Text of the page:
ABC of Filmmaking Blog #1: Shot Reverse Shot

By Murtaza Ali Khan

Starting today, I am initiating a new blog series wherein I would like to talk about certain technical aspects of filmmaking through some of my favorite films.

The basic concept that I would like to introduce today is called the shot reverse shot. It’s something that’s used in almost every movie that you will see.

This is a technique that’s most commonly used to film conversations between two characters wherein one character is shown looking towards the other character and then the other character is shown looking back at the first character. Since the characters are shown facing in opposite directions the viewer assumes that they are looking at each other. Of course, this generally requires a master shot first which establishes their positions with respect to each other. 

Consider this famous scene from Martin Scorsese's 2013 film  'The Wolf of Wall Street' featuring Leonardo DiCaprio and Matthew McConaughey (link:

Master shot to establish the positions to the two characters with respect to each other
Reverse Shot
There would be a series of these during the course of this scene. Now, the interesting thing is that once the master is established we don't even need the two actors to be present at the same time to film the scene. So with the same setup and lighting we can shoot Leonardo's singles separately and McConaughey's singles separately. Now, it all depends on what the director prefers and the availability of the actors on the same day. On the editing table the editor just needs to arrange these singles to complete the sequence. Of course, the editor might need a couple of more master shots to achieve a sense of completeness. Also, the director may like to go for different angles. It may be an aerial shot from the top looking downwards at the two characters using a drone or a crane. The director may want the camera to rotate on a circular axis around the two characters in case there is a need to build some tension. Just think of the Jew Hunter sequence in Inglorious Basterds (link

So it all depends on the need of the scene as well as what the director wants and of course the schedule and the availability of the actors. 

Instead of singles some directors want to do the same scenes using OTS (over the shoulder) shot something like the one below.

As you can notice Leonardo is shot from over McConaughey's shoulder. For the reverse shot, the director can shoot McConaughey from over Leonardo's shoulder. 

So it can just be a series of singles or OTS shots or a mix of singles and OTS shots as is the case in this scene from The Wolf of Wall Street. Roger Deakins/Coen Brothers prefer doing just the singles for shot reverse shot instead of OTS shots as they feel it to be more intimate. The OTS can sometimes give a feeling as if someone is prying on the conversation from far which Deakins/Coens don't like.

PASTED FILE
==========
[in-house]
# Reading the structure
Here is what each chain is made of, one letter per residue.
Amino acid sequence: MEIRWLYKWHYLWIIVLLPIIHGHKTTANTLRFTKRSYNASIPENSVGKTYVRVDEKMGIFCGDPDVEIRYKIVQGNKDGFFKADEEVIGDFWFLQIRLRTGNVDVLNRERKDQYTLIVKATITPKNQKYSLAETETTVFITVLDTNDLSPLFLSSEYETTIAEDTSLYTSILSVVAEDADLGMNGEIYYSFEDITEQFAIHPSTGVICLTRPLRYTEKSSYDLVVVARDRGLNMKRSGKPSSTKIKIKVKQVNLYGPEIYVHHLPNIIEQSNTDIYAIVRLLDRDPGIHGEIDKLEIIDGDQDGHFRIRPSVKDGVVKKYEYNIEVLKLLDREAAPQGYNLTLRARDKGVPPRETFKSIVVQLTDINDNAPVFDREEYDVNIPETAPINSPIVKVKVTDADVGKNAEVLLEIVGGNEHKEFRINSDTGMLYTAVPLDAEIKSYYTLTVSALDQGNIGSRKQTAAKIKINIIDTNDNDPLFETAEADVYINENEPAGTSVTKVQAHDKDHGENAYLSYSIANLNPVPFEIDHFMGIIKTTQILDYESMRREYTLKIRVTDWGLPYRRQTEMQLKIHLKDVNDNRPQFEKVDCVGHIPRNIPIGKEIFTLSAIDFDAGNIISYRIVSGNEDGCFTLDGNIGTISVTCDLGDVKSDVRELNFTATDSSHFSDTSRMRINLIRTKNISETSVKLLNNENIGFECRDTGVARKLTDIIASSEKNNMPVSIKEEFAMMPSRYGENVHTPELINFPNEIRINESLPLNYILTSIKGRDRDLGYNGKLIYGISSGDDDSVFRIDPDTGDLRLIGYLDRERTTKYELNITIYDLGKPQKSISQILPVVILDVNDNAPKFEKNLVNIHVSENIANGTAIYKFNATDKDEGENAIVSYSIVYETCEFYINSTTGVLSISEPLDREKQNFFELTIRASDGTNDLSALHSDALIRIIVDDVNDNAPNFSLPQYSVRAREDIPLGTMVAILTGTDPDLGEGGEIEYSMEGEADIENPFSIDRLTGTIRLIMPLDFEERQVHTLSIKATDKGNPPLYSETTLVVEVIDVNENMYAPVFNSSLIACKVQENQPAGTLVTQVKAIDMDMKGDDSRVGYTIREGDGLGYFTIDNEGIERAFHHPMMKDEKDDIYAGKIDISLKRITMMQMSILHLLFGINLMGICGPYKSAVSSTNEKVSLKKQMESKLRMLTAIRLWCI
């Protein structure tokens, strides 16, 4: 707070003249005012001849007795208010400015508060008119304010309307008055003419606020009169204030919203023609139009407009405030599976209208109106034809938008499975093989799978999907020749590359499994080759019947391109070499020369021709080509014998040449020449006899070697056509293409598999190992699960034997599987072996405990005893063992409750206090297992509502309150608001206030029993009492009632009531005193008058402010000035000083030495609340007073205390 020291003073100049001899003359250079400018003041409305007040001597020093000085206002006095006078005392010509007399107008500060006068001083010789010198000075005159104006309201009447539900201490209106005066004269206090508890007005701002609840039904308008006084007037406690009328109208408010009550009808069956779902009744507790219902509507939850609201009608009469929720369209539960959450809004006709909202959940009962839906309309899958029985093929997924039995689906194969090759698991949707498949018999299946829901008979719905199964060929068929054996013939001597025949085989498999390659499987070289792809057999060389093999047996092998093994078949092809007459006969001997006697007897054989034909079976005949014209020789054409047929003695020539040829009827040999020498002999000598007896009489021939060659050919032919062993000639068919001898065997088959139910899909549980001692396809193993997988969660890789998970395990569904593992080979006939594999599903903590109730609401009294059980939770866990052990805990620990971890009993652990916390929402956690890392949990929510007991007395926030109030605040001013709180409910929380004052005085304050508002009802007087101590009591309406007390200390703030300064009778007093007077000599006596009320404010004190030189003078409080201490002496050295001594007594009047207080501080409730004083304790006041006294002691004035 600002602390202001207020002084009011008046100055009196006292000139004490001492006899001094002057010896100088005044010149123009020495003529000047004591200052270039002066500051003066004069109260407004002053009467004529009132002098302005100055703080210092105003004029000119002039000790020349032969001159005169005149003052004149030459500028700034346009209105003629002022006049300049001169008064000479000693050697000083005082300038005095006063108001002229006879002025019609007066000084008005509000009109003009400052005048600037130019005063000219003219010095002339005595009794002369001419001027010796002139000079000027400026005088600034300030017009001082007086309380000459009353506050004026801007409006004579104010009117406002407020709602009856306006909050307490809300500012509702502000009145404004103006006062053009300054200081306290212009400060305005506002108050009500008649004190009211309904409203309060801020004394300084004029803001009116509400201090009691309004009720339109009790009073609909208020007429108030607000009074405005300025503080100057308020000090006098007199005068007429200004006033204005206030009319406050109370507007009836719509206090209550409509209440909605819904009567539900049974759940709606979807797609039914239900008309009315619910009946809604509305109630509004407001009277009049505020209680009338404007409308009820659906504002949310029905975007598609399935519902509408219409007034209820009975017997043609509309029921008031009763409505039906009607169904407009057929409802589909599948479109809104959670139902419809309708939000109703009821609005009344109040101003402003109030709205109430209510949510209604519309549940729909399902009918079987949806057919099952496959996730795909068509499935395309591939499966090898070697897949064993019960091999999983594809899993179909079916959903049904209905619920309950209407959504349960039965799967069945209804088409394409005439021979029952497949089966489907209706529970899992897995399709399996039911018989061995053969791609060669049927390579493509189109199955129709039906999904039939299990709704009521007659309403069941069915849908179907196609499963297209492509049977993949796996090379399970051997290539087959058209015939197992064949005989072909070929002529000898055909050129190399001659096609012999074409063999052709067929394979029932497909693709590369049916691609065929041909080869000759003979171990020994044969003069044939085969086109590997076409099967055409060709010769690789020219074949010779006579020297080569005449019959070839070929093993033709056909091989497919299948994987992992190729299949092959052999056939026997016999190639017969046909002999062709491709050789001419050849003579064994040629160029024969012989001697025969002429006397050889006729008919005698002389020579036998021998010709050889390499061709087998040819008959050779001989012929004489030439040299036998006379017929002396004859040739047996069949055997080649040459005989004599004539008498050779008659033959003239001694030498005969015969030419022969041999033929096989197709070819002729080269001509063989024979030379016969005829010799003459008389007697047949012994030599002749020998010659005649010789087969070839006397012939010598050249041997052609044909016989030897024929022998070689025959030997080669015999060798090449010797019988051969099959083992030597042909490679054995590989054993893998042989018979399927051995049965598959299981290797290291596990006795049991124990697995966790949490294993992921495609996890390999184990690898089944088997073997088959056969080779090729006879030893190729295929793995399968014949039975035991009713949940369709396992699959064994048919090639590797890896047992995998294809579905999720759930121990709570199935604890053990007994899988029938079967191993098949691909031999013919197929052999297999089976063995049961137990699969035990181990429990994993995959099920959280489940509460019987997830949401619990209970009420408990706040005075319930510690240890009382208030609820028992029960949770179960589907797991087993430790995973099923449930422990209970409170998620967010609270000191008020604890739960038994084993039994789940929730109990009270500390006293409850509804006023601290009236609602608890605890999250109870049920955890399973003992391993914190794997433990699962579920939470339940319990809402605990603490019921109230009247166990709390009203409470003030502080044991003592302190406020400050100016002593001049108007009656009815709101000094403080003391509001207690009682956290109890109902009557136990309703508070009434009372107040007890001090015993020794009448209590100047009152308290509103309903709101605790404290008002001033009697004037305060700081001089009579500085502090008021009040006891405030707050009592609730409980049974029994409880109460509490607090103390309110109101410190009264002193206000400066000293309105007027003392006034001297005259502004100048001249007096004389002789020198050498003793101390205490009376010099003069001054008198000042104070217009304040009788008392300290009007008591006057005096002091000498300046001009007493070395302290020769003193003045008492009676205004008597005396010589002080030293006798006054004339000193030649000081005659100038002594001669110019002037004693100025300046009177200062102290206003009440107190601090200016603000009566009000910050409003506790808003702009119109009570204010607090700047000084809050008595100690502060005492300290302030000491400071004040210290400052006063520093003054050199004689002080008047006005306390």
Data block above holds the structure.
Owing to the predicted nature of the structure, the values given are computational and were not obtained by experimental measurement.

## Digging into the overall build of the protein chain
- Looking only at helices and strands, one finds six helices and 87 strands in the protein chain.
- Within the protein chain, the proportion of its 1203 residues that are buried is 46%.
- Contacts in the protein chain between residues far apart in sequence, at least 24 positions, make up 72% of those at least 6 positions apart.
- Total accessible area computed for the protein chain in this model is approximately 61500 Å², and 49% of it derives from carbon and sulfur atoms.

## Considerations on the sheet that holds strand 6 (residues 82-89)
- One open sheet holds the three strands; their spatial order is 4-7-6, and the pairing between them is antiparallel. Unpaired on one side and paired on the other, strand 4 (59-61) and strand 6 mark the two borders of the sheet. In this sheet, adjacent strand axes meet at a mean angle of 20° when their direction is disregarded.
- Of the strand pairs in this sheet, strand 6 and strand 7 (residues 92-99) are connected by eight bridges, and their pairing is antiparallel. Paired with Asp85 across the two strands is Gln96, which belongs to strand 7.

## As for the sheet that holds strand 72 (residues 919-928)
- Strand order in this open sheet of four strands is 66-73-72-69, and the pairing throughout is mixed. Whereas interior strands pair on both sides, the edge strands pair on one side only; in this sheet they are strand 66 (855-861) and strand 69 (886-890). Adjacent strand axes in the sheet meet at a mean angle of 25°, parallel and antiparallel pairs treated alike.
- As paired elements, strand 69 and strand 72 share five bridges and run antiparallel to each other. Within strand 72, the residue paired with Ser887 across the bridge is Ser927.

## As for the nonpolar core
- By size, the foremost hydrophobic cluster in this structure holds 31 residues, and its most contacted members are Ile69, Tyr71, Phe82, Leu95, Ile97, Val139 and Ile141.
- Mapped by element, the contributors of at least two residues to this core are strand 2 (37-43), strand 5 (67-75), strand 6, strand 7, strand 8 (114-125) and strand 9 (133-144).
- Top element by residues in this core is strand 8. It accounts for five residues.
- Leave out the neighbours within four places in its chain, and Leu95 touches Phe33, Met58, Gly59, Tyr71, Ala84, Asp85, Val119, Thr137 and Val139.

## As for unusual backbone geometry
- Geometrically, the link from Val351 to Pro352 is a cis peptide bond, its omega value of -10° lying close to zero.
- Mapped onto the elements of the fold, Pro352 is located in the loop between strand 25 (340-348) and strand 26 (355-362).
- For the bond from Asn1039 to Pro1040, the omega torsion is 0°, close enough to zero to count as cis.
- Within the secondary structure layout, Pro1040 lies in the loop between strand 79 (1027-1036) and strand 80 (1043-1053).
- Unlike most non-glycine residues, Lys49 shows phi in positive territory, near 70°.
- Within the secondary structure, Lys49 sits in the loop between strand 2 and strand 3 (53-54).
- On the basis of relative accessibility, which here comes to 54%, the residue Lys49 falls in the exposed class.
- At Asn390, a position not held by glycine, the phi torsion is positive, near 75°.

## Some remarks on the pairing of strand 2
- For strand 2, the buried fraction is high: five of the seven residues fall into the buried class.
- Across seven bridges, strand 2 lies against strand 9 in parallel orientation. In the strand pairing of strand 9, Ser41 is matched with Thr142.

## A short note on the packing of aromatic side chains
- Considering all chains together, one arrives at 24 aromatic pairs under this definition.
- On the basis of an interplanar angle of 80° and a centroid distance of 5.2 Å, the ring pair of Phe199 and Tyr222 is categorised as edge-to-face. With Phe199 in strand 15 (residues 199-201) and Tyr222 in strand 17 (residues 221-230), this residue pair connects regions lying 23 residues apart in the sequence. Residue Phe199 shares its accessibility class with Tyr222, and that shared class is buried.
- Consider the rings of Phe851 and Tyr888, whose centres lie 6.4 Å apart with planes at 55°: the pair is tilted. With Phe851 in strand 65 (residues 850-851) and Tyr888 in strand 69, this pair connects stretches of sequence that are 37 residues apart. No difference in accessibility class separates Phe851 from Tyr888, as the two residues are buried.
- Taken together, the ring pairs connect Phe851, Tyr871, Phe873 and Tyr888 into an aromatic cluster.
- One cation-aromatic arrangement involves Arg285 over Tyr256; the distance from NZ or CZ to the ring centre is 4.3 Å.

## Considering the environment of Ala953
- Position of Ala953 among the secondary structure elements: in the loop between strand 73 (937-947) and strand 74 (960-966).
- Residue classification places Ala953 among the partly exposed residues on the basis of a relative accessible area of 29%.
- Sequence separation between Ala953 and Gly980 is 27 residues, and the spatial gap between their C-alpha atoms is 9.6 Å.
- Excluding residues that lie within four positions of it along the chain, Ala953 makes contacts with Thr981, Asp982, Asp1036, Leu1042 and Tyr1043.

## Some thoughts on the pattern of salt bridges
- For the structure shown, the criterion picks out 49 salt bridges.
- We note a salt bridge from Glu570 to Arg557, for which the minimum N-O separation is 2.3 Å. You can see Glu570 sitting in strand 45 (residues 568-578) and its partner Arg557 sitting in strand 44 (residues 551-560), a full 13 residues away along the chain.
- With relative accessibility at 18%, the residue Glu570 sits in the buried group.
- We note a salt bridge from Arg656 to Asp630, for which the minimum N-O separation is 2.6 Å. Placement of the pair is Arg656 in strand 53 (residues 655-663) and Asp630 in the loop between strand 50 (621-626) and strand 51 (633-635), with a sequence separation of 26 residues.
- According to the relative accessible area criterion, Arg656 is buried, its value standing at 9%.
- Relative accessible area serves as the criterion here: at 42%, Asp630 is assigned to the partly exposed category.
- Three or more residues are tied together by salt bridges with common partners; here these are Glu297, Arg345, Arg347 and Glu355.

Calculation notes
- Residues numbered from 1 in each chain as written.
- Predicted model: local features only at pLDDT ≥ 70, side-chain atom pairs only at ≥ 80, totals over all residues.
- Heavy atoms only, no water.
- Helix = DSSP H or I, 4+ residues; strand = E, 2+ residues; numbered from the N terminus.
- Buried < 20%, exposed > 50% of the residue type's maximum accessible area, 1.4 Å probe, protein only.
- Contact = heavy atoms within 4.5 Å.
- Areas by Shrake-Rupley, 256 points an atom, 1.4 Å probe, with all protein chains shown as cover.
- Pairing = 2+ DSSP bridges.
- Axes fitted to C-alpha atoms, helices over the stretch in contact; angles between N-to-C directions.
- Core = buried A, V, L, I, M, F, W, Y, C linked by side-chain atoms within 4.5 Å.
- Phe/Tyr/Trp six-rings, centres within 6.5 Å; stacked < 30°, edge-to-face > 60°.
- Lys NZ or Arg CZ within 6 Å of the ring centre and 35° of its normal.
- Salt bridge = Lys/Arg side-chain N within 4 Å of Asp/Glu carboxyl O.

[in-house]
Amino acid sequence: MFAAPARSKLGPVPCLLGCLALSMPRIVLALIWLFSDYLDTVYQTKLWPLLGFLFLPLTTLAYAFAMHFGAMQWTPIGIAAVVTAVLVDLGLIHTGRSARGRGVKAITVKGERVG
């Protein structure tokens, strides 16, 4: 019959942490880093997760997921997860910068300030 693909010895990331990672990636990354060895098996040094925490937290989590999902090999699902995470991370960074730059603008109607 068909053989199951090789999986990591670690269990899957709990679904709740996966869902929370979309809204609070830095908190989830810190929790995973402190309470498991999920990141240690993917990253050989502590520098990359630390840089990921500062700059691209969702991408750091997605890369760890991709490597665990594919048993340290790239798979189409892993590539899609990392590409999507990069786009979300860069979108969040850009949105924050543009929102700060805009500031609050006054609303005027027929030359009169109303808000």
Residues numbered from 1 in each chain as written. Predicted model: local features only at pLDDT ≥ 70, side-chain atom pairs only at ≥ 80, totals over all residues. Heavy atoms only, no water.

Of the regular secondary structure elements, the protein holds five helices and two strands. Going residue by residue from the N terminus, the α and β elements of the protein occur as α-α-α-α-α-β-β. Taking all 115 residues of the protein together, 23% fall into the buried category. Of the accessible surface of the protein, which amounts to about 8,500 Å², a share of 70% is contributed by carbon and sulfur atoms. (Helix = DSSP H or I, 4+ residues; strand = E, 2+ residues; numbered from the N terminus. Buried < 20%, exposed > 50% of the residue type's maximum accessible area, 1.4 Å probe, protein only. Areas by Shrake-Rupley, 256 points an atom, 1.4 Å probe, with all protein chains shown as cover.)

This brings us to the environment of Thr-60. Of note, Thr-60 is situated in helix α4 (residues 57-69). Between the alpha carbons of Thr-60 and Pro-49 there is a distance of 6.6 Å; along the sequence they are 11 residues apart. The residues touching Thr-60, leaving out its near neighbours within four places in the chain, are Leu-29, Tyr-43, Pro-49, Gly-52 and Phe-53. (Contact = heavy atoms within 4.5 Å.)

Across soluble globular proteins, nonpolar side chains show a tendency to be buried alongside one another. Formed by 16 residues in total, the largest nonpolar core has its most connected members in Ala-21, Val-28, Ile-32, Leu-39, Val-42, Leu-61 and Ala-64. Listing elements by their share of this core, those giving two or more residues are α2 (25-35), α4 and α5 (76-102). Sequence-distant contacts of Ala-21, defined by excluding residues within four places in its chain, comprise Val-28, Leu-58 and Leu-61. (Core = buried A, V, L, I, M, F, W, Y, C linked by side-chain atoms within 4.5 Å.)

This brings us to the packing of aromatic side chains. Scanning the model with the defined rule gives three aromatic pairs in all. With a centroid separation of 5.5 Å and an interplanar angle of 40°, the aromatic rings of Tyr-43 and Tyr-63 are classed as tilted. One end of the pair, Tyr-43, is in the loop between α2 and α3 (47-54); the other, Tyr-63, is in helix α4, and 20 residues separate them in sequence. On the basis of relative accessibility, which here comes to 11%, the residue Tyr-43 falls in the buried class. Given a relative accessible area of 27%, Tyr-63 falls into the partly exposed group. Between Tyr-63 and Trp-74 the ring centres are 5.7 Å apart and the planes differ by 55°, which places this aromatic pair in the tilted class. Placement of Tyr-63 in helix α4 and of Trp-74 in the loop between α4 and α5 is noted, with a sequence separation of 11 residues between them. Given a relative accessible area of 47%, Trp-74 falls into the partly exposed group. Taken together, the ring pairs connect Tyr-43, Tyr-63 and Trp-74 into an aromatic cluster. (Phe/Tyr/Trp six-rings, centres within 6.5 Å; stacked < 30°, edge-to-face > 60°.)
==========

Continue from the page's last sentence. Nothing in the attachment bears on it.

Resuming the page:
Also they usually use wide angle lens for filming shot reverse shot sequences instead of the telephoto lens as it allows them to get a good hang of the environment in which the scene is set. I would discuss this in detail some other time. But if you can't wait then you can watch this video essay.


So as I told you earlier the short reverse shot allows directors to shoot scenes as if both (or more) the actors are present on the film set at the same time even though that may not be the case. 

Consider this famous song sequence from Shakti Samanta's 1969 Hindi film 'Aradhana' (link: 

Reverse Shot

This song from the romance drama film basically involves a moving jeep car and a moving train. The hero (Rajesh Khanna) is on the car driven by his friend and the heroine (Sharmila Tagore) is on the train. And the hero is trying to express his love to her by singing her a romantic song. Now, the interesting thing is that Tagore was away shooting for a Bangla film directed by Satyajit Ray when the shots with Khanna on the jeep were shot. Tagore's singles were shot separately later on once she returned. And everything was put together during the edit.

So how was it achieved? Samata employed the same idea discussed above and his team executed it to a tee. In order to fill the gap the following master was used to establish the relative positions of the train and the jeep car even though Tagore wasn't on the train at the time.

I hope you enjoyed the blog. I will try to cover more advanced uses of shot reverse shot in the my upcoming blog(s). You can leave your feedback/queries in the comments below or you can mail me at Please be specific in your queries and make sure you add a subject to the mail.

People who liked this also liked...
Share on Google Plus


Post a Comment

Thanks for sharing for valuable opinion. We would be delighted to have you back.